Yellow Fever in Bolivian Howler Monkeys
PREDICT helped identify and respond to a Yellow Fever outbreak in March of 2012 after five howler monkey carcasses were found near a wildlife sanctuary in eastern Bolivia. Two of the five monkeys were necropsied at the Municipal Zoo in La Paz, and PCR conducted on liver samples revealed that they were infected by a flavivirus.
The Ministry of Public Health was immediately notified and cDNA sequencing confirmed that the infections had been caused by two Yellow Fever viral strains, both of which were related to human cases in Trinidad and Tobago and Brazil.
Only eight days passed between the onset of outbreak and notification of the Bolivian government. Preventive measures were promptly implemented in the affected area, including vaccination campaigns, public outreach and mosquito control. Thanks in part to the fast response, no human cases occurred during the outbreak.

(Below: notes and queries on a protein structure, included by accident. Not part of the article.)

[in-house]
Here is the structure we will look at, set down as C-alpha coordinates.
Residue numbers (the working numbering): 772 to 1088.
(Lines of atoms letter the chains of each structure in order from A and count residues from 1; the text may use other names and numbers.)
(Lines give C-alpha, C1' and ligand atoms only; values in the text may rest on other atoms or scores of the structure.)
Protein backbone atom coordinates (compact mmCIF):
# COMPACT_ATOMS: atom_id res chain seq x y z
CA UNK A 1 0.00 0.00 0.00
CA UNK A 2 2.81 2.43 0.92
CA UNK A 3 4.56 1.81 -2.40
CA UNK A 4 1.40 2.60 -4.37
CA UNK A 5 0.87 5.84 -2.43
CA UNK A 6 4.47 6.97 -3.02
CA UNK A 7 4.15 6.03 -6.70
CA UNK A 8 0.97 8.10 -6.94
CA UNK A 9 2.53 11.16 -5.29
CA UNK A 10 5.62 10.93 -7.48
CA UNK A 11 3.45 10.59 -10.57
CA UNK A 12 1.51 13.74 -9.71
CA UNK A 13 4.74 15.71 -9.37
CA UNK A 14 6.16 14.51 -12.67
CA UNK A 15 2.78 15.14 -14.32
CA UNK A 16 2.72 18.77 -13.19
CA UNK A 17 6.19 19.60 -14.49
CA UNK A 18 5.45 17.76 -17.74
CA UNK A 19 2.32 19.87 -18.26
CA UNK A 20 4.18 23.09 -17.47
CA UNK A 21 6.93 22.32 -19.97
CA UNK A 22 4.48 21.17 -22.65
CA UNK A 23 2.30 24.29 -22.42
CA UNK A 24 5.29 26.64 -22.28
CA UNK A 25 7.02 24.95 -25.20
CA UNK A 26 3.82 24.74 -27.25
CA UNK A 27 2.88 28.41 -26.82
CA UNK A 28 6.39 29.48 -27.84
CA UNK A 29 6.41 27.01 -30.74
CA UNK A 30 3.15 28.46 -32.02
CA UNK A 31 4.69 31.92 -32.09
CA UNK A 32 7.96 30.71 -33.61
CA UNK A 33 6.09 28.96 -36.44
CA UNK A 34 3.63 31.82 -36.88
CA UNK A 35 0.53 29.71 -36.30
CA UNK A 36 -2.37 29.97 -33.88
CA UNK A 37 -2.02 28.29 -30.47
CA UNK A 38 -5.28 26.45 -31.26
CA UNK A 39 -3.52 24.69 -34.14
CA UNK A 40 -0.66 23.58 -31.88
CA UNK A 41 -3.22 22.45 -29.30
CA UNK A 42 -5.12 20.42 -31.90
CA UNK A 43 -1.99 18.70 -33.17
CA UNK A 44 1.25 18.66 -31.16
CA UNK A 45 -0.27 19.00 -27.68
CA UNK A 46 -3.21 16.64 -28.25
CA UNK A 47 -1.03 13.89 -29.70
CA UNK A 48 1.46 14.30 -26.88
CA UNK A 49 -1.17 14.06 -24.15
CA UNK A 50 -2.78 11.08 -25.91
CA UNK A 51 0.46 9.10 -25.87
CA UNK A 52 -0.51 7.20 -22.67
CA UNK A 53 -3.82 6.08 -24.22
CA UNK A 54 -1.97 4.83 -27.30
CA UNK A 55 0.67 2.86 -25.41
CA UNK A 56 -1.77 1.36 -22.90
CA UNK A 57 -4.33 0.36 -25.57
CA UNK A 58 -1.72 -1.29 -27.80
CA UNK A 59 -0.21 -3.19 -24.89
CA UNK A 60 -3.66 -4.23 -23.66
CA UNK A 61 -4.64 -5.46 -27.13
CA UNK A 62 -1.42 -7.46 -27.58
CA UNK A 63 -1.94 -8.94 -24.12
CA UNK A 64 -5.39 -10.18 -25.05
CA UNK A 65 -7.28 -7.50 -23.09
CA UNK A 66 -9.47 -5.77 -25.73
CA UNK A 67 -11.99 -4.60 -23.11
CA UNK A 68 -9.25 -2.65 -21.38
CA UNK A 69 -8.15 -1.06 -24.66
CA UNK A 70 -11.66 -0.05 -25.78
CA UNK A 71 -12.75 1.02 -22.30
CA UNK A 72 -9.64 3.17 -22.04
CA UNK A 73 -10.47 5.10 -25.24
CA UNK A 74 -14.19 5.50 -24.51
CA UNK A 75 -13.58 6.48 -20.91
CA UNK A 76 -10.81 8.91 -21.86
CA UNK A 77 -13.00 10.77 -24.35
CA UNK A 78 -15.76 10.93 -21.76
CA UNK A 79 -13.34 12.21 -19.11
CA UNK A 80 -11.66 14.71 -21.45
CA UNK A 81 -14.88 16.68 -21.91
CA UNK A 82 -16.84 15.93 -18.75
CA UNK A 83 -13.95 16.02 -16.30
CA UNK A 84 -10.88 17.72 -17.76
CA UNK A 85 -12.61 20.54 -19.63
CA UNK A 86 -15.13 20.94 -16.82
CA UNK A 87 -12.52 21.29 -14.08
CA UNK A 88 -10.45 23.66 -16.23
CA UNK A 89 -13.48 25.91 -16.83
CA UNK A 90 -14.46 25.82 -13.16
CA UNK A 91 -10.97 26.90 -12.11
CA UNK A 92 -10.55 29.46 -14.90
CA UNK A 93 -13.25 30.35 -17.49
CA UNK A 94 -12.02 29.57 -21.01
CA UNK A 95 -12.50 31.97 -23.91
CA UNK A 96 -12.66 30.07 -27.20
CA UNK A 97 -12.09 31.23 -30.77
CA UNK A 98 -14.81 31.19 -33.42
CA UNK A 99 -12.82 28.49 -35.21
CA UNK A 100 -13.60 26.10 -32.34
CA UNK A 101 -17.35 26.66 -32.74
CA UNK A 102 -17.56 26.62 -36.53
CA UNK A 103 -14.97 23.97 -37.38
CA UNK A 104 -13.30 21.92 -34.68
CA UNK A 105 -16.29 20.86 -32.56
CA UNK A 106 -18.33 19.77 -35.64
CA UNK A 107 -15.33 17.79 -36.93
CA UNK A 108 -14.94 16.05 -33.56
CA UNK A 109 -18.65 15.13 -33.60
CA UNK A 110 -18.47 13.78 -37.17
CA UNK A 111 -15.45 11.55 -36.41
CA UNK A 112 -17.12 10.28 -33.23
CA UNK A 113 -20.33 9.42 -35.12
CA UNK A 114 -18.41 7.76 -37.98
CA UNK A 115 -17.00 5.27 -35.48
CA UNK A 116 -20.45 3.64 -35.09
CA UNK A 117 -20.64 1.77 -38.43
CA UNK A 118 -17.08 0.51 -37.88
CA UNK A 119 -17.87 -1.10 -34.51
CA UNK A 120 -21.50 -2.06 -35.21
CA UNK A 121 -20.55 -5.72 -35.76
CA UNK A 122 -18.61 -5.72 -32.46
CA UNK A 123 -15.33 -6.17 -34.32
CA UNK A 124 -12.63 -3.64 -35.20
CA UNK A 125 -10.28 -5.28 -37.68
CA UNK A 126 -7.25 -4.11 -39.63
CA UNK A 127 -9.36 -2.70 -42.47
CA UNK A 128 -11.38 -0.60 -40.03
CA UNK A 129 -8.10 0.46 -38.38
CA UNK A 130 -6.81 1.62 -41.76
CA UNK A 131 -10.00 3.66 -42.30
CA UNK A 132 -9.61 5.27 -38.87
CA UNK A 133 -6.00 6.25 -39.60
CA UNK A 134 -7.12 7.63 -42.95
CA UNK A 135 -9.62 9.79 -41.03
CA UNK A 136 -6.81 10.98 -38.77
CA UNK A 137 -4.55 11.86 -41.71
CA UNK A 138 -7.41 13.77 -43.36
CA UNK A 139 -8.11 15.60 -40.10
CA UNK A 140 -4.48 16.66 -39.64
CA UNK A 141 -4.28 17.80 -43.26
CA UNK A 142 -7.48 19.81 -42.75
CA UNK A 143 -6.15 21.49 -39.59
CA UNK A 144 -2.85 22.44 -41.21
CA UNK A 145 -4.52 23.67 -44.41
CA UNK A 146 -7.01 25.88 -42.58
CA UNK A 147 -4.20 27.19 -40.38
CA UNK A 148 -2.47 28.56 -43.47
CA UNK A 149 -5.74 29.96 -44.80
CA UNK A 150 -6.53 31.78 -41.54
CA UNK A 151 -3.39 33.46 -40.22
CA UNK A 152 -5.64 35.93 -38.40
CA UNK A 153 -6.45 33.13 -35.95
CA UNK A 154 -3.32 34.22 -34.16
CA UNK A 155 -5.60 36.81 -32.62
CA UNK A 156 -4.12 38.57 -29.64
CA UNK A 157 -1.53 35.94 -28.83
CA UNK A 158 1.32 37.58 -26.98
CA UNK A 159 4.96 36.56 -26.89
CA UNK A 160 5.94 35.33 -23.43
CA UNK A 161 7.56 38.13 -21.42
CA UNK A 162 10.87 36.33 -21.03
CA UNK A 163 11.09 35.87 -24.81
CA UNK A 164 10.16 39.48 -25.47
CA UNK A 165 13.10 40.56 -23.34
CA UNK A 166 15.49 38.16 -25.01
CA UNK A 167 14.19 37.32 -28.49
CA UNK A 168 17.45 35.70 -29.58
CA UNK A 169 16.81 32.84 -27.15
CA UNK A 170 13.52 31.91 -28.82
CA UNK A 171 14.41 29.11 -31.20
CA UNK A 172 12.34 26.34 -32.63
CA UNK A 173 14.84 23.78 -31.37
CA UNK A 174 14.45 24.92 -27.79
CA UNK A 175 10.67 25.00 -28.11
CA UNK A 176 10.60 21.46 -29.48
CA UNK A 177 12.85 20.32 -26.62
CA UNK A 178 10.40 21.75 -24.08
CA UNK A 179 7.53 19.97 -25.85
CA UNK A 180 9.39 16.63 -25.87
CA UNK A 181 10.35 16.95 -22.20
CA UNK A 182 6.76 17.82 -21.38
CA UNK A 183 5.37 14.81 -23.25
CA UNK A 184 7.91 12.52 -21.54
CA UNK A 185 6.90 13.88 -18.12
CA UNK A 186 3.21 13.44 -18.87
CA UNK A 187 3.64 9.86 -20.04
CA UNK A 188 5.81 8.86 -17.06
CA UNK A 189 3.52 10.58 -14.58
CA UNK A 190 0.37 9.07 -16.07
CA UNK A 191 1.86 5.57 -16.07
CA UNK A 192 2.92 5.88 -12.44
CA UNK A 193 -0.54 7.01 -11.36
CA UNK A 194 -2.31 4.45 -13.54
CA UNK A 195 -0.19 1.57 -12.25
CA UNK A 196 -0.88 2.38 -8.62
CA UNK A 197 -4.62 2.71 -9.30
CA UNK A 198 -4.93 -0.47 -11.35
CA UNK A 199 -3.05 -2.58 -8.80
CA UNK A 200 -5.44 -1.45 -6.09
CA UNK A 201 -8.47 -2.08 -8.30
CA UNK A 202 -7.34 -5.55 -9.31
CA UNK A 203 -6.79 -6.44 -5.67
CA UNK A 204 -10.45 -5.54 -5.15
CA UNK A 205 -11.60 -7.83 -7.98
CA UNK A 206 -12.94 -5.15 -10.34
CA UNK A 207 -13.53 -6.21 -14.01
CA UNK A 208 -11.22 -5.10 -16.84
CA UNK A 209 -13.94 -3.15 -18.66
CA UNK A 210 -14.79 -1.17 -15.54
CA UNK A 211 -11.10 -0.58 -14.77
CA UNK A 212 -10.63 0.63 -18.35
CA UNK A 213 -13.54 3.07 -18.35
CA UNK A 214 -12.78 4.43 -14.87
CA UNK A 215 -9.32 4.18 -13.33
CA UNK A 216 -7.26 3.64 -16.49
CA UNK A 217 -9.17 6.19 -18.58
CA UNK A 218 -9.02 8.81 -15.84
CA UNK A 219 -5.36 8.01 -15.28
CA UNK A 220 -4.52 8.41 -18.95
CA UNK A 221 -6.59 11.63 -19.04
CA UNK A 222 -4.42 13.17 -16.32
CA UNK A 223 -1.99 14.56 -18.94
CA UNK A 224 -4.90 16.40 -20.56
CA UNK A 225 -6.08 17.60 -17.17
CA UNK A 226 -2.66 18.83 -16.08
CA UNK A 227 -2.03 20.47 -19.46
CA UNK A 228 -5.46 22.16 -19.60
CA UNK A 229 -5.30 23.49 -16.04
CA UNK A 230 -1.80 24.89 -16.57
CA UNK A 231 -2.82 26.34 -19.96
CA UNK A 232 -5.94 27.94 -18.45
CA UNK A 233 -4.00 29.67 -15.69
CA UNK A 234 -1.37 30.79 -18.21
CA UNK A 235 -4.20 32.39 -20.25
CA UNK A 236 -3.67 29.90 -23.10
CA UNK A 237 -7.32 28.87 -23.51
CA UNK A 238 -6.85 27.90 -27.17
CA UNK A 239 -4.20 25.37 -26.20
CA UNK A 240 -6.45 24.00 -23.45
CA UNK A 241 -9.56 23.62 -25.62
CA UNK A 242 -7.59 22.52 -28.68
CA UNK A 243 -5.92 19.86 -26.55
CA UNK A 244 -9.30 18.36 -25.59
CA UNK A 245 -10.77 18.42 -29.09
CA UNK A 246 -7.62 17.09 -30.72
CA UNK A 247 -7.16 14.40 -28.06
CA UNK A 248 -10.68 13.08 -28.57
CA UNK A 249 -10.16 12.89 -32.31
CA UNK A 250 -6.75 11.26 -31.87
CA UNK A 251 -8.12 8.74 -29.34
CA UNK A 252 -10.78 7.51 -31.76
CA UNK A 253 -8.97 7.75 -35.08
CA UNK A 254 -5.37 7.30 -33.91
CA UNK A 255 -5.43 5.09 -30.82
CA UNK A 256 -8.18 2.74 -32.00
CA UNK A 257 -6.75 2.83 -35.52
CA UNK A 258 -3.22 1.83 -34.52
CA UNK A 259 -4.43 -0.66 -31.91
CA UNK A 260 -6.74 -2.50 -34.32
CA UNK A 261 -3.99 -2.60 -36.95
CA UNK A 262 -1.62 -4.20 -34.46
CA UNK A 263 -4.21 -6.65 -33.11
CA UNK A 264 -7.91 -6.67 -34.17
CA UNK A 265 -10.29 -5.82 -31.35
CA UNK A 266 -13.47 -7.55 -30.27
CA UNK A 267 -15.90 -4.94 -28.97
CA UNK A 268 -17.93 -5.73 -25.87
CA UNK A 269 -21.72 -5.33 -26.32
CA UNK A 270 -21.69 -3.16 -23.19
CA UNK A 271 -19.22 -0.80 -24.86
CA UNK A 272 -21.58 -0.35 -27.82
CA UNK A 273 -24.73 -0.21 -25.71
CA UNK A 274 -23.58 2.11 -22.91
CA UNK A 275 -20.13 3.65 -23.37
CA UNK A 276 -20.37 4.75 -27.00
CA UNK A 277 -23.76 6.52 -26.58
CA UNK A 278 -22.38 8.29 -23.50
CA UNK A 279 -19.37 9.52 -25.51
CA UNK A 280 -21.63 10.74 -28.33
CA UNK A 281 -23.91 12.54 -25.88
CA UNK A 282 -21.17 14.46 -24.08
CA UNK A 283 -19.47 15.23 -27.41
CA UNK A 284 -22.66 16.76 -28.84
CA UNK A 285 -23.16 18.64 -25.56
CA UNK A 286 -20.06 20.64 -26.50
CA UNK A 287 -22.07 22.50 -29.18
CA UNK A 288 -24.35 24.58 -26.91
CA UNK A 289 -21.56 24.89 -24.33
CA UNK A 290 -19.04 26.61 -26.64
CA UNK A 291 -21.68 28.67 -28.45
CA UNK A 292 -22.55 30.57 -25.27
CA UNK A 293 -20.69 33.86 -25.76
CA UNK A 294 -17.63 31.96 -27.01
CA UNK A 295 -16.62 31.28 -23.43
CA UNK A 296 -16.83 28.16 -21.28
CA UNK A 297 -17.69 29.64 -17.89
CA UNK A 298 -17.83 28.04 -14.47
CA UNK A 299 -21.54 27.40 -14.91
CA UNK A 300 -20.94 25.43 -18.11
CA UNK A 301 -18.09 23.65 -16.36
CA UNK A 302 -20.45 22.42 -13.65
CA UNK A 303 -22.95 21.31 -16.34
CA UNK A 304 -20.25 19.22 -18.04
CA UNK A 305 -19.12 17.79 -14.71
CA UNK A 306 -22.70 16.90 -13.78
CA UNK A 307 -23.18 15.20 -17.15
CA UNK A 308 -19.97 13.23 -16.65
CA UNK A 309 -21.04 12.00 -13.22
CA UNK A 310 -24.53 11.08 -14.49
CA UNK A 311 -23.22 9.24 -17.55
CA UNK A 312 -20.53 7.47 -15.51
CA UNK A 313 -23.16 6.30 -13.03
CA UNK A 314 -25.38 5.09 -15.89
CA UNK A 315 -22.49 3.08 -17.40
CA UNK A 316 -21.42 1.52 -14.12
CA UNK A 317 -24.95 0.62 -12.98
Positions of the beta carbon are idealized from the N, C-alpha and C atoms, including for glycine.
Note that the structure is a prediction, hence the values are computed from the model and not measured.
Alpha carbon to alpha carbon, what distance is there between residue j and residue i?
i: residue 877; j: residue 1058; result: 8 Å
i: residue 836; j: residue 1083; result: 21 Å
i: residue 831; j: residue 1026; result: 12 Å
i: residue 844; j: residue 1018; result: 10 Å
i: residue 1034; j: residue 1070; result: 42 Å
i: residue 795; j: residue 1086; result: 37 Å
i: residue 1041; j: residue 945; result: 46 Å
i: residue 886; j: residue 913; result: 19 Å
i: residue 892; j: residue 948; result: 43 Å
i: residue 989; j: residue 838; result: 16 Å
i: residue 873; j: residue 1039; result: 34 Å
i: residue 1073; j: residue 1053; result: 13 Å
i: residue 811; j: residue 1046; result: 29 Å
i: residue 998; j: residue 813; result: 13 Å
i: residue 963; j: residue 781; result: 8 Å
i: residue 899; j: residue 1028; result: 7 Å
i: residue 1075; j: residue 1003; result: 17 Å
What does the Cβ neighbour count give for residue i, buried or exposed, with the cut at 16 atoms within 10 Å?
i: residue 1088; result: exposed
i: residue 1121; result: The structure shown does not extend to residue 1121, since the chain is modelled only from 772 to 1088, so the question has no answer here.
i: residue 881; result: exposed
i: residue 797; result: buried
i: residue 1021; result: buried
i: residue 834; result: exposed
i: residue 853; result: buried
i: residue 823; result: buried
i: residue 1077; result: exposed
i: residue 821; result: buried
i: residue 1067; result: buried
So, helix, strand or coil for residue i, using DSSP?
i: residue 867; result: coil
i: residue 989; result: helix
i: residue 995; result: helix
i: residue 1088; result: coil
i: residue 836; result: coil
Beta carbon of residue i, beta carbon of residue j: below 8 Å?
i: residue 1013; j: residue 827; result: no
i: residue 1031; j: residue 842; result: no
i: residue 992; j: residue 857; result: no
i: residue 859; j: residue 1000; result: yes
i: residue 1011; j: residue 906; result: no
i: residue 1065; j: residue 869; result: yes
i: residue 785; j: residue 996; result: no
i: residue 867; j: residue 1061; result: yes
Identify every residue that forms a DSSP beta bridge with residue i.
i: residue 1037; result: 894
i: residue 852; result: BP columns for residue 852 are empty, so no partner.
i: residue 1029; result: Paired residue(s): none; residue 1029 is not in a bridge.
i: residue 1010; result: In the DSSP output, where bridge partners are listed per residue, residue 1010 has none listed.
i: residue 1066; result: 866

The Yellow Fever event helped to strengthen alliances with the Bolivian government, USAID, PAHO Bolivia, and other partners for outbreak response.
The diseased monkeys were reported by our counterparts at the Ambue Ari Wildlife Sanctuary Park. The necropsies were performed at Zoo Municipal Vesty Pakos and PCR was conducted at the Institute of Molecular Biology at the University of San Andreas. Results were relayed to Max Manriquez, Head of Epidemiology at the Ministry of Public Health, Erick Machicado, Coordinator of the Yellow Fever Program at the Pan-American Health Organization (PAHO) in Bolivia and Angela Nuñez, Biodiversity Program Associate at the General Directorate of Biodiversity.